Simoni and the Giro (to come): But now itís time to leave the past behind and focus on the coming, final stages. Thatís what most journalists were thinking, as most questions concerned the next, decisive legs, notably Thursdayís and Fridayís hilly ones. Does Simoni think that the rides into Pontechianale and Cascate del Toce may endanger his overall leadership? According to the manís words, Gilberto fears more Thursdayís stage than Fridayís, as he thinks he can keep control of the situation on the way up to the Toce Falls.

Whereas, in his opinion, the long stage encompassing the Fauniera ascent is appropriate for his main (and probably only) rival Stefano Garzelli to follow Simoniís advices: "If I were him, Iíd launch an all-out attack, going for all or nothing. I would either win or bonk". Simoni is perfectly aware that making his move first on the next mountains is the only option left to Garzelli, and said that heíll try to understand what the Vini Caldirola-SO.DI. rider has in mind, and when the current runner-up will attack.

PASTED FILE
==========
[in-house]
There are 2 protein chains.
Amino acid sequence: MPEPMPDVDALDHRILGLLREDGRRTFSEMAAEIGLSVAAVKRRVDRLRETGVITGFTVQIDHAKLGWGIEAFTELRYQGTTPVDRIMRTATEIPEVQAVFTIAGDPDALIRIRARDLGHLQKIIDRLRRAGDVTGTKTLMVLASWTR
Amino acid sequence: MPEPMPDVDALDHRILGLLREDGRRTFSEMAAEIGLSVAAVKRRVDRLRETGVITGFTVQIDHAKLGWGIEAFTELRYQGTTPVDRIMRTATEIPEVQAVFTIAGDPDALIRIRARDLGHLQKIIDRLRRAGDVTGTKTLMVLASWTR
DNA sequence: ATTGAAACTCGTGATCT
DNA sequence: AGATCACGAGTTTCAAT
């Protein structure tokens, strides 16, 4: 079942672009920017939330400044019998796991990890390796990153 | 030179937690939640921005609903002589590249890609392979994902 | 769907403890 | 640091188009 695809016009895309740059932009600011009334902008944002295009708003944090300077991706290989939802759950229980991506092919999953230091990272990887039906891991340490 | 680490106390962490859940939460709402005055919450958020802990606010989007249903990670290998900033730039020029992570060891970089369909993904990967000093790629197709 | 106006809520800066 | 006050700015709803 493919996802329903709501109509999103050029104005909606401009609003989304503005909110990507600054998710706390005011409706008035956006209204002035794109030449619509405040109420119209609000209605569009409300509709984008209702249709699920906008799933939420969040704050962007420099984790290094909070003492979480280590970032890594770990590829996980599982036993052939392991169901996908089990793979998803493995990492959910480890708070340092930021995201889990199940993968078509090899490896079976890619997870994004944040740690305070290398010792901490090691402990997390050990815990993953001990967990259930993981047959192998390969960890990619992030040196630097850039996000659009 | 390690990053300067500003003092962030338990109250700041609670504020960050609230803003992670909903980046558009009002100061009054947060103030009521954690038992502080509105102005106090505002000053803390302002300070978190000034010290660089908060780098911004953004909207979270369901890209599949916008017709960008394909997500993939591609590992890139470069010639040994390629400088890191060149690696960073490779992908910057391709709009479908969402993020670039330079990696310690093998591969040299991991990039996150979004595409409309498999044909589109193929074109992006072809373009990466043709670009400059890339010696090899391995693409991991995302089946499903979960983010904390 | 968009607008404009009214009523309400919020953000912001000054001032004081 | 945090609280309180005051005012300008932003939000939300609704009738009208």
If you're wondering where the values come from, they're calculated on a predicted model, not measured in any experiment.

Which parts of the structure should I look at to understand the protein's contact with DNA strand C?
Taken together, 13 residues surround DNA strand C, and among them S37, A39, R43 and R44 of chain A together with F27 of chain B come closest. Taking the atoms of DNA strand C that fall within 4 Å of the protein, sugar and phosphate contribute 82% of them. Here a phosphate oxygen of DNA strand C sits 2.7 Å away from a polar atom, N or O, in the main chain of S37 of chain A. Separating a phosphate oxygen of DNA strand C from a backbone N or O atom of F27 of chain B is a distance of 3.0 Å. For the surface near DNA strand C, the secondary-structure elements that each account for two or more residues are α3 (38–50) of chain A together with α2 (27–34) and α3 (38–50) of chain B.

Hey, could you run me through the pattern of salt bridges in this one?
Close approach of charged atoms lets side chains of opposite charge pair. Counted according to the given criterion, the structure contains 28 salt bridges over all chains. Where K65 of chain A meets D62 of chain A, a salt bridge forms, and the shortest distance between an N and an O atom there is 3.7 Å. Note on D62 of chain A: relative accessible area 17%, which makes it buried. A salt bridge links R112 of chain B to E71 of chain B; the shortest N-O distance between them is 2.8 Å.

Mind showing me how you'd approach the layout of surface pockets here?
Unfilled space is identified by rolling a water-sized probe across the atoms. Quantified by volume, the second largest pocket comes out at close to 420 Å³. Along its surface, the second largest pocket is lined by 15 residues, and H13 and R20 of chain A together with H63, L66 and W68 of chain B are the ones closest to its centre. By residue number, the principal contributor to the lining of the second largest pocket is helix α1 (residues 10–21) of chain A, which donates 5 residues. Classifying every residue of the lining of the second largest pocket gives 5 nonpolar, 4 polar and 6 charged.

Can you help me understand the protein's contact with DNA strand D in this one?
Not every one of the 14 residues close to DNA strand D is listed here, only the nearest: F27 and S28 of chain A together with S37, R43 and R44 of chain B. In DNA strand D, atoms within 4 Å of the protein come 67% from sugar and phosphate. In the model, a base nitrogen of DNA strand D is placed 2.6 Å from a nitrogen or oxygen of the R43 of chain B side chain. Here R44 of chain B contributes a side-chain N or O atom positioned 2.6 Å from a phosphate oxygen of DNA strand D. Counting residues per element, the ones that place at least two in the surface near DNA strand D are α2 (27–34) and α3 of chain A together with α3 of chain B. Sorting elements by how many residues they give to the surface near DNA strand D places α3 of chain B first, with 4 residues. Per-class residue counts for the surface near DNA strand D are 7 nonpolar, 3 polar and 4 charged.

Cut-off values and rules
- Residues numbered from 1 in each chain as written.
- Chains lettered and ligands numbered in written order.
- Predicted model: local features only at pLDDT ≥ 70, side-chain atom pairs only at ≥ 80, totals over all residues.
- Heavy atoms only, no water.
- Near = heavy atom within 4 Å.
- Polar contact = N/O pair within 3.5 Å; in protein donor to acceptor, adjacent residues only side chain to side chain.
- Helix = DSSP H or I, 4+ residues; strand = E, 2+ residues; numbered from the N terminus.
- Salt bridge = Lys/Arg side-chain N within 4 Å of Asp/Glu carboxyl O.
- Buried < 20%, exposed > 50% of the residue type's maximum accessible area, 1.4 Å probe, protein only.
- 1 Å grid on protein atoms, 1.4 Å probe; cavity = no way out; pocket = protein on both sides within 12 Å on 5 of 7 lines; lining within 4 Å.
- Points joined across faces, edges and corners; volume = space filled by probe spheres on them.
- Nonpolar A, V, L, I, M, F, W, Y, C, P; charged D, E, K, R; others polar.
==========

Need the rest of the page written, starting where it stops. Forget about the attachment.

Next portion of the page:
Simoni and Garzelli: One of the main (good) features of the 2003 Tour of Italy was the presence of a new dualism, a rivalry similar to those that made the history of this sport in Italy. But the two, Gibo and Garzelli, are rivals on the bike only. Simoni said he holds his main challenger in high esteem, both as a rider and person. And thereís one thing Simoni envies of the bald-headed Lombard: "the ability to change his pace and attack. That is of help to him in the sprints too".

Simoni and popularity: Simoni was asked if he was envious of something else too: the immense popularity enjoyed by Cipollini and Pantani: "Itís a matter of fact that Cipollini is the most popular rider in Italy. And I think rightly so. Pantani still has a huge number of fans, waiting for him to win a stage to unleash all of their happiness. As for me, I am satisfied with the several fans I have got".